Most companies adhere to the old adage “if it’s not broken, don’t fix it.” Unfortunately, that philosophy can be hard to stick to in the ever evolving world of electronics. Even with rapid pace electronic breakthroughs, older technologies are still extremely valuable in countless industry applications. These legacy systems, products, and components sometimes just need a little bit of attention to bring them up to date and keep them functional. If you have a great product and you want to keep it viable, you need to update it. Here is how to rebuild your legacy product.
Levison Enterprises Blog
In the world of electronic manufacturing, pre-production work, such as PCB prototyping, is vital to building a cost-efficient, quality product. In a marketplace that demands the latest technology yesterday, we often feel pressure to get right to production.
Printed circuit boards are intricate and perform vital work in your product. Prototyping your PCB is always recommended, but particularly if your product is headed for the consumer market. There are many advantages to PCB prototyping.
Ah. It's the New Year, a time for resolutions and fresh starts. Get healthy, take that vacation, spend more time with the kids, but don’t forget professional resolutions in addition to your personal ones in the New Year. It is time to tackle the big things, like the product you’ve had on the back burner. 2019 is the year of the flux capacitor, after all. Now is the time to take your electronic assembly baby to production, and here is how you are going to do it.
It’s a new year! Time to start thinking about your relationship with your current PCB assembly ECM. Are they really working for you and your best interests?
At the start of a fresh new year, we are inclined to think about where we’ve been and where we’re trying to go. What goals did we achieve last year? What do we hope to accomplish in the new year?
There is no need to scrap a product that doesn't work properly or is obsolete. Give it new life with reverse engineering. Reverse engineering is a way to duplicate a product, subassembly, or component and find out what once made it tick. This is especially handy when you don't have documentation or original drawings for your PCB assembly.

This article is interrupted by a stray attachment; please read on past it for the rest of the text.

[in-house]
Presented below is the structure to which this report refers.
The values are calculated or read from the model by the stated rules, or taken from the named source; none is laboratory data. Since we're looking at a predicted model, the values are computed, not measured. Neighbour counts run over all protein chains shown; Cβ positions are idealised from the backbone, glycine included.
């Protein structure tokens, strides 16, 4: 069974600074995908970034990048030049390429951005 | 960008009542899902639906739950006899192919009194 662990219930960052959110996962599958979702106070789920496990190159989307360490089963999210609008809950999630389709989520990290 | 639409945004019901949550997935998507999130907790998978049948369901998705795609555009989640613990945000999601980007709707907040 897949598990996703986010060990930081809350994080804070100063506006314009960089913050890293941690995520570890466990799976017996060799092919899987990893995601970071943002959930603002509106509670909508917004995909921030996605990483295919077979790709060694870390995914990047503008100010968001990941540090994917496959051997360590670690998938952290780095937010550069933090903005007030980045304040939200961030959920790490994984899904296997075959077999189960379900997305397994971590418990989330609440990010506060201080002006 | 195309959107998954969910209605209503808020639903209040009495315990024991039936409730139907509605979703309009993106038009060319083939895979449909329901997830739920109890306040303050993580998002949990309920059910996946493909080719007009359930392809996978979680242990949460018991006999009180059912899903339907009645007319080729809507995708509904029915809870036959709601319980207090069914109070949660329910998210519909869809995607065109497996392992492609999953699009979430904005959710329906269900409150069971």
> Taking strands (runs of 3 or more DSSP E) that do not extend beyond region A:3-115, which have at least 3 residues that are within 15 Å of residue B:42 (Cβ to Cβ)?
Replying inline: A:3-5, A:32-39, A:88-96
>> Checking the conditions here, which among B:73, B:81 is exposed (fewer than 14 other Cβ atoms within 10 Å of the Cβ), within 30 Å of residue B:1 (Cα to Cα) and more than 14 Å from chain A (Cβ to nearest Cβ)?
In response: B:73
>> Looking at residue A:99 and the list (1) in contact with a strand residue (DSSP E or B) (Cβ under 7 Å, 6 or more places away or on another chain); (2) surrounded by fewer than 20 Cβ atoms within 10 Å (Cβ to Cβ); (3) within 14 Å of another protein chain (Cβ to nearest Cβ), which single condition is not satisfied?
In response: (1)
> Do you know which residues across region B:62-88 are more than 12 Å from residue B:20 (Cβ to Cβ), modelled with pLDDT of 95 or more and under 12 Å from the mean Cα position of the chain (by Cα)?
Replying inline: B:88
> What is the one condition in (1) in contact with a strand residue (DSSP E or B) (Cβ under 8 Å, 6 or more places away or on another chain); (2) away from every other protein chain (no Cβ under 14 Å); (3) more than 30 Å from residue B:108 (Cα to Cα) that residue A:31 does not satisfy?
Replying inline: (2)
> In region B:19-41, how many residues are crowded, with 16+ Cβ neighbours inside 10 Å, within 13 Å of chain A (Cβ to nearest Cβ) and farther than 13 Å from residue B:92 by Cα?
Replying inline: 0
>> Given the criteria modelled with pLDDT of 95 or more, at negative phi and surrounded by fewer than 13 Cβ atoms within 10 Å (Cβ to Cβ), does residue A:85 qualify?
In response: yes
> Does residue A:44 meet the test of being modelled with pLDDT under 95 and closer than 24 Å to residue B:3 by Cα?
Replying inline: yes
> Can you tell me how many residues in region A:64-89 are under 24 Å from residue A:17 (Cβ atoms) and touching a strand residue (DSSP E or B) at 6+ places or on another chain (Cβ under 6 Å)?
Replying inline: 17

It is sometimes said that PCB design is 90% placement and 10% routing. That may be the case, but both beginners and experienced designers can get caught off guard by simple oversight. It doesn't take much to turn a successful design of a printed circuit board into a high-tech disaster. It is best to know what to watch out for in order to avoid potential problems. Here are some tips to help you avoid function and reliability problems in your PCB design.
You’ve worked hard all year, but there is no rest for the weary. No doubt you are already looking toward projects that need tackling in the new year. Give yourself a gift and find an electronic assembly and manufacturing partner to take some of the workload off your shoulders while still making your electronic project a success.
PCB fabrication and assembly is a pretty straightforward process, however, there are factors early in the production process that could hold up your production and bust your budget before your printed circuit boards are even close to rolling off the assembly line. PCB designs and set ups can vary greatly, and so can the price to produce them.
Producing a printed circuit board is no easy feat and it’s also not an inexpensive one. When it comes to your electronic assembly you want to get the most bang for your buck without compromising your product.
As electronics evolve and technology becomes more complicated, companies no longer have the facilities or capabilities to assemble PCBs. This is especially true when it comes to prototyping. Turning to an electronic manufacturer to help with the prototyping process just makes sense. Electronic assembly manufacturers are experts in their field. There are a number of advantages to outsourcing your prototype to an electronic manufacturer.
What do we want? Quality products!
When do want them? Yesterday!
Sound about right?
Have you ever thought of a product redesign as a cost-saving process? Typically, we think of redesign as a way to fix a problem or improve a product’s functionality. With rapid advancements in technology and manufacturing processes, a redesign can also mean cost savings.